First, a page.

Progress | Centre-left Labour politics

Ed at the chessboard

It is summer, and rumours of reshuffles float gently on the Westminster breeze.  Over the last year, talking to those around Ed Miliband, a quiet theme has emerged. The shadow cabinet has not been sharing enough of the burden of creating a vision of ‘One Nation’ Labour. Too much has been left to Miliband himself. There has not been enough of a supportive chorus of Labour voices.

This is seen a bit differently in the shadow cabinet’s cheap seats. With various policy reviews ongoing and no ability to make spending commitments, it is hard to make a big pitch for attention without arousing ire or spending money. Be that as it may, it is clear that Labour’s leader wants a frontbench team that is more energetic, more aggressive and looks more in touch with Britain.

In practice, that means wanting to promote some of the impressive performers in Labour’s middle tier, especially from the large brigade of young, smart women. The names most often mentioned are Rachel Reeves, Liz Kendall, Stella Creasy and Luciana Berger.

Then there are those whose drive and organisational skills will mean wider recognition. Michael Dugher fits here. Finally, you might see recognition for those who embody ‘One Nation’. Dan Jarvis, Gloria De Piero, Chi Onwurah and Lisa Nandy are communicators, but not ‘stereotypical politicians’.

However, Miliband’s problem is not so much who to promote, but who to cut loose. There have been several reports of tensions inside the shadow cabinet, but both internal and external pressures make a cull difficult. Get rid of (usually misnamed) Blairites, for example, and it will be read as a shift to the left, unless people of the calibre of Alistair Darling or Pat McFadden return. Those close to Ed Balls and Yvette Cooper have performed well and have many allies in the parliamentary Labour party.

So who is most at risk? Let me put it this way. If your insider was a middle-aged, middle-ranking shadow cabinet minister, especially a man, who had already served in government, and whose departure would not cause great wails from the commentariat, then a certain nervousness would cast a pall over my usual sunny disposition.

Power cuts at Unite

A couple of years ago, a plugged-in leftwinger chatted to your insider about Unite’s internal politics. Inevitably, there was a tour d’horizon of left factions, splinter groups and electoral pacts. Finally, we turned to how all of this would affect Unite’s political strategy.

The lefty spoke of a struggle for control of the union’s political direction between Andrew Murray, the leftwing chief of staff to Len McCluskey, and Steve Hart, the union’s political director. Who will win, asked your humble correspondent. ‘Oh, always bet on a Stalinist against a Trot’, came the laughing reply. He is no Trot, but last month Hart got the union equivalent of the icepick, being placed on ‘special projects’, with a McCluskey ally, Jennie Formby, taking his place.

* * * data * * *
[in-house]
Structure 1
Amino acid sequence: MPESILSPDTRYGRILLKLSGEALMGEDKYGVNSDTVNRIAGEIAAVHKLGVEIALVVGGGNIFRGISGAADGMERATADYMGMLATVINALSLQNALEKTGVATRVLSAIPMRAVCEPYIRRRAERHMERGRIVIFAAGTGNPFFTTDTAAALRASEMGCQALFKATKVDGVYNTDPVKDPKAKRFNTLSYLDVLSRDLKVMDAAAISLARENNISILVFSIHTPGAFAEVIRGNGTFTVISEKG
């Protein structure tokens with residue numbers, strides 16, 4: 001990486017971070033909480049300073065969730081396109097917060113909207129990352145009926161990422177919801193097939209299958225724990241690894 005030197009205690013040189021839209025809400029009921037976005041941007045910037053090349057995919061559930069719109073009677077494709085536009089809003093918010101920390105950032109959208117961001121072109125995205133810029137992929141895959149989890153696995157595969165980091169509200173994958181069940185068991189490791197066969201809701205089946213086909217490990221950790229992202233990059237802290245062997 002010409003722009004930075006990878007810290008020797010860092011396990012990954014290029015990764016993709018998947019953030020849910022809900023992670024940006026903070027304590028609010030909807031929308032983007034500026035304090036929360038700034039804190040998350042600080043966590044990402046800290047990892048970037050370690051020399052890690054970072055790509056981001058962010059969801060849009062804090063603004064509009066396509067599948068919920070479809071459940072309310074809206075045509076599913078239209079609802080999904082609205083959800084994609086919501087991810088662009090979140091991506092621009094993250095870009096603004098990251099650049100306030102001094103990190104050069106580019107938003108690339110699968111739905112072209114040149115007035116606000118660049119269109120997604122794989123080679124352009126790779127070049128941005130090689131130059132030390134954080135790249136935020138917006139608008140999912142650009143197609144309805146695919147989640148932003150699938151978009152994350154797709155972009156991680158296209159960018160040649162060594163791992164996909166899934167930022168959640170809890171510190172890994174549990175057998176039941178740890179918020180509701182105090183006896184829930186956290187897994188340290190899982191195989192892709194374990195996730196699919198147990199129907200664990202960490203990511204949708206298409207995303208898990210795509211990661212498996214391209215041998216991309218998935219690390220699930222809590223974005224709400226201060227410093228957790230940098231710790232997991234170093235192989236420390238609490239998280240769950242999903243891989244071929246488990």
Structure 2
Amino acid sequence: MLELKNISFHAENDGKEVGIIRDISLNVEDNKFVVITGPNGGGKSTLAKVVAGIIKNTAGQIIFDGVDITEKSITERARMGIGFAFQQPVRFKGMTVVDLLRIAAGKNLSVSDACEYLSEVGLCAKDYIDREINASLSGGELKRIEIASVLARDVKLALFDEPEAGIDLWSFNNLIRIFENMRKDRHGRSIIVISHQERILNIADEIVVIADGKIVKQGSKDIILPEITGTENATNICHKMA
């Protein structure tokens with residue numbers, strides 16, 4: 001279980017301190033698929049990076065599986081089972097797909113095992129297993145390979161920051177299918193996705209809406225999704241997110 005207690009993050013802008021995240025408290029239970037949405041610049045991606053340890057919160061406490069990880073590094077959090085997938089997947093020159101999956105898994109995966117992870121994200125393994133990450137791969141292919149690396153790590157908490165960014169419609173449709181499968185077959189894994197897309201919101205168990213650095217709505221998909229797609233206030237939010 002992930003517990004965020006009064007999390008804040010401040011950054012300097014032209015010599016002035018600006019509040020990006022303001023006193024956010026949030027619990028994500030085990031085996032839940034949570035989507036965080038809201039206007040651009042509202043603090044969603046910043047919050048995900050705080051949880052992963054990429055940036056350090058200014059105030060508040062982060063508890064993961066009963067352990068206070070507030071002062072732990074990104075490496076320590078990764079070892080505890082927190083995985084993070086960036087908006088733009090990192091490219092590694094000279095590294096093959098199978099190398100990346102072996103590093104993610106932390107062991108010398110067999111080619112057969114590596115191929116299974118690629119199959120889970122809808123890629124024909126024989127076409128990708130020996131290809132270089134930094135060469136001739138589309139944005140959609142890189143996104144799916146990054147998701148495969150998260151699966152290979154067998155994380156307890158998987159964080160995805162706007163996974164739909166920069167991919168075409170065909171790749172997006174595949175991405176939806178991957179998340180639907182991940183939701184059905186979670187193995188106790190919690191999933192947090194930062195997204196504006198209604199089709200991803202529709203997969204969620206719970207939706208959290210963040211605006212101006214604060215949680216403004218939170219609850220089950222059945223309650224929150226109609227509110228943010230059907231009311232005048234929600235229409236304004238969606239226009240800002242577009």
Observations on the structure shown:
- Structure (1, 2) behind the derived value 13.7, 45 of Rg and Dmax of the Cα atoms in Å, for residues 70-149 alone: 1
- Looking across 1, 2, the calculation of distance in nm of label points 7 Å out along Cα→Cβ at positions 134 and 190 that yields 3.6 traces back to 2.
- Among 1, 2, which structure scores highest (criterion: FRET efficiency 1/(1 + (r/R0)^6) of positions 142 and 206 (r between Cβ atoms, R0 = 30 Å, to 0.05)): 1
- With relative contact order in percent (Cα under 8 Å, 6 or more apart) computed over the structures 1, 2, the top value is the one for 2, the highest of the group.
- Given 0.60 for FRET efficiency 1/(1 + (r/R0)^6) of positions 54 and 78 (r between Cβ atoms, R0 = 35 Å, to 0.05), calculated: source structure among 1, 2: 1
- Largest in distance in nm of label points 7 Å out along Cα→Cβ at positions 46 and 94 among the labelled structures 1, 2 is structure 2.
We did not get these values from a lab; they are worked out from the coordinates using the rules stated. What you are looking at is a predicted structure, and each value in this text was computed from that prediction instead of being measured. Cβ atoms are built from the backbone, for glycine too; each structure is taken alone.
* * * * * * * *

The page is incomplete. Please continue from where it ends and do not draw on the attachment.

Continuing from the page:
Hart’s departure had been coming for a while, I am told. McCluskey has long been unhappy with the way his political strategy has been delivered, complaining that not enough Unite members had been recruited into the party, not enough left candidates selected. The recently re-elected general secretary had even got another of his executive team in to ‘advise’ Hart, while long-serving union officials like Cath Speight chose to depart.

It is against that background that the various mis-steps Unite has made in selections should be seen; the Unite political team were desperate to please their boss, and, in pushing their strategy a bit too hard, embarrassed him. But there is more to it than just organisational frustration, or internal faction struggles.

There is a real question among the union left about what it has gained from its unstinting support of the Labour leader, compared to devoting resources to changing the national conversation through initiatives like the ‘People’s Assembly’ and the thinktank Class.

A rupture would be damaging, so union leaders praise Miliband’s commitments on social security and living wages while staying silent about spending commitments. Yet they know that this represents a retreat, as they were able to stop Labour following up on a similar commitment last year.

The key card left to play comes when the policy review led by Jon Cruddas comes to the National Policy Forum. There are big decisions to be made about how hard to push, and the departure of Hart is a sign that Unite, at least, might well push a lot harder than it has been.

Going, going, gong

Your insider has always been an admirer of the defter, less obvious touches in politics, the little things that make a big difference to the spirit of the party. So it was with admiration that he read the Queen’s birthday honours list, which had the work of the leader’s office running through it.

Generations of Labour staff will be delighted that Carol Linforth, who runs Labour’s conference and events team, and Ian Reilly, who runs the West Midlands, got MBEs, while Tony Robinson and Barnsley council leader Steve Houghton got knighthoods.

This is not entirely new. At the last honours list Michael Cashman got a CBE, and Unison’s Norma Stephenson an OBE, while Tony Blair’s agent, John Burton, won an MBE.

These are nice political gestures from Miliband’s office, showing that the party leadership cares about the whole Labour family, even when there are not many peerages to announce (though, speaking of peers, a shortlist will be announced shortly, I am told, with some impressive names).

Mind you, seeing the NEC’s and the Grassroots Alliance’s Ann Black getting an OBE did cause a gentle smile. The whole Labour party seems to have come to terms with honours, and a good thing too. Congratulations, Ann, and everyone else going to the palace.


Cartoon: Adrian Teal

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